Hendrickson was 54. He passed away due to an illness, said Parsons.
“He had been in the hospital prior to Christmas,” said Parsons. “He was having a hard time. He had been in the hospital for quite a while in ICU.”
Hendrickson’s death was reported by California Gridiron on Twitter, @calgridiron, and in a report by si.com.
“Steve will be forever remembered as a great player and as a great ambassador for Napa High,” said Franco, a former NHS and Vintage High head coach. “His classmates loved him. Everybody on that campus loved the guy and he was good to everybody on campus.
“On the field it was all business.”
Hendrickson was inducted into the Napa High Athletic Hall of Fame in 2000. He played in 100 games during his NFL career, from 1989 to 1995. He played on the 49ers’ 1990 Super Bowl-winning team. He also played in the 1994 Super Bowl with the San Diego Chargers.
In addition, he played for Dallas, Houston and Philadelphia.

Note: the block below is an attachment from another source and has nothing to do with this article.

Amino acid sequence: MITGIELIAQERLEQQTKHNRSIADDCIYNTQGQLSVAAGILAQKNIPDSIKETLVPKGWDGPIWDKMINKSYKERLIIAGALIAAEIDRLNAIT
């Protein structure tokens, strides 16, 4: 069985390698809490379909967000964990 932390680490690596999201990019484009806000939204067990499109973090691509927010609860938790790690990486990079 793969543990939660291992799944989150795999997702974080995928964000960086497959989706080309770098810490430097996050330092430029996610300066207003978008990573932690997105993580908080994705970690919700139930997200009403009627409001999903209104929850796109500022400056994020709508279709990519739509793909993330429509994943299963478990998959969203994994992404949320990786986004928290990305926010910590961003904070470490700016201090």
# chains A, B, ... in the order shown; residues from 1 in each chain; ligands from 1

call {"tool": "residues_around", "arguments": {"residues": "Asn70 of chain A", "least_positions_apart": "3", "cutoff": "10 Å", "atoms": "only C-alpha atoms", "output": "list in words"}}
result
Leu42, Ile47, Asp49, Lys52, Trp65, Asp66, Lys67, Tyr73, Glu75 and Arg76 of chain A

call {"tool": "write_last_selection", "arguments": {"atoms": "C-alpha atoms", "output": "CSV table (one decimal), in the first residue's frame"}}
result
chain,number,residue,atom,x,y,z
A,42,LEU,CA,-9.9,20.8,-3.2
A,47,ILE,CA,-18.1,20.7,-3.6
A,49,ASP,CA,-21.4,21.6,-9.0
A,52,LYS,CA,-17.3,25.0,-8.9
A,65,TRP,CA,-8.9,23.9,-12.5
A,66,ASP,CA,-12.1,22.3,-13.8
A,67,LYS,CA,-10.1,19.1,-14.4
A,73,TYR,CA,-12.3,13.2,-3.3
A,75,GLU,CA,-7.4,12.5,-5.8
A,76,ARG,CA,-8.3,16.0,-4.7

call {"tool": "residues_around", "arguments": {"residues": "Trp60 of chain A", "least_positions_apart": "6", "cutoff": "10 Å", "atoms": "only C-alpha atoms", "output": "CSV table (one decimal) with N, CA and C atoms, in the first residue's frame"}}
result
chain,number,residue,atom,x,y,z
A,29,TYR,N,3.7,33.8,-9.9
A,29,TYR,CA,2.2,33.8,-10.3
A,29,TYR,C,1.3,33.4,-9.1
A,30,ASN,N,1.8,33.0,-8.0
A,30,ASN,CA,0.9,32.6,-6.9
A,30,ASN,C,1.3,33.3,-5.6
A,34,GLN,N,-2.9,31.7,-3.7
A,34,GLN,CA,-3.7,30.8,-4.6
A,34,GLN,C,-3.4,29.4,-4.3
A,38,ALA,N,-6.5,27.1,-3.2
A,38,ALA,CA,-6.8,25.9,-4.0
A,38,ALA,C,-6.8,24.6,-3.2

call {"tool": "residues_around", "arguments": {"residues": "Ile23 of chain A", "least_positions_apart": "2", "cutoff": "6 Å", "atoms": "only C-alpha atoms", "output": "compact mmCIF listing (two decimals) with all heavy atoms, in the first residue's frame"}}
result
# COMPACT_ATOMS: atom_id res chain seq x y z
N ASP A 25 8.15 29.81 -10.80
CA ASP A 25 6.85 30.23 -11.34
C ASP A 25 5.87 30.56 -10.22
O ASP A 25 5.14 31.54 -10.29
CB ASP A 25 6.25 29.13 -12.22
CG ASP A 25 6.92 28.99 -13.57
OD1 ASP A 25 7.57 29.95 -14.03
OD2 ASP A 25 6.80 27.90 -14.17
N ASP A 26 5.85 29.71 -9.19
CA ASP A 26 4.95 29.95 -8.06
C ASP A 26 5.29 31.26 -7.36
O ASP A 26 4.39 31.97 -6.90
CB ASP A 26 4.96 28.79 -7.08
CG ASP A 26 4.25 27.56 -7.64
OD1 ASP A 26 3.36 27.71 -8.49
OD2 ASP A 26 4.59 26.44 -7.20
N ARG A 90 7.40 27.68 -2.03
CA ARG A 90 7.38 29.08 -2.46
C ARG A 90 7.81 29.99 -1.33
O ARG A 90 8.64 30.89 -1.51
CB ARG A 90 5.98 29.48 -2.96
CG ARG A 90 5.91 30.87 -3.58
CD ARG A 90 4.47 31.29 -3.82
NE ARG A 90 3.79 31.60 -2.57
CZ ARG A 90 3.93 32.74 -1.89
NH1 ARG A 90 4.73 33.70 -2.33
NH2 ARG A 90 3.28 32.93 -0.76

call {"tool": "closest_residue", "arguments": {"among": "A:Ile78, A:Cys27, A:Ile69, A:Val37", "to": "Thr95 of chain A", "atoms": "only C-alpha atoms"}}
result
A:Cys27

Hendrickson, a 1985 graduate, wore No. 30 for Napa was the first player in NHS football history to have his jersey number retired.
“There was something about him, where the older guys could see that ‘Hey, this guy, he’s pretty good,’ the way he could hit and the way he could play,” said Jack Stout, a 1982 graduate who played football, basketball and baseball and is also in the school’s Hall of Fame. “The guys knew that he was going to make us better, because he’s something else.”
Napa High superstar
Football fans immediately took notice of Hendrickson, as he took the field as a freshman, playing in some of the biggest games of the 1981 season for Napa, which lost in the CIF Sac-Joaquin championship game to Christian Brothers, 14-10, at Hughes Stadium in Sacramento. Napa, the Monticello Empire League champion, ended the season at 10-1-2. Hendrickson made the start in that game.
“We were a very good football team when we brought him up. And he made us a lot better,” Franco pointed out. “He was the kind of kid that would castigate seniors if they weren’t practicing hard enough. It is really rare. It really woke our team up.”
Napa had seven takeaways, three interceptions and four fumble recoveries, in its 7-0 playoff win over Tracy at Peter B. Kyne Field.
Stout, a defensive end, recalled Hendrickson that night in the huddle saying to his teammates that he could block Tracy’s punt.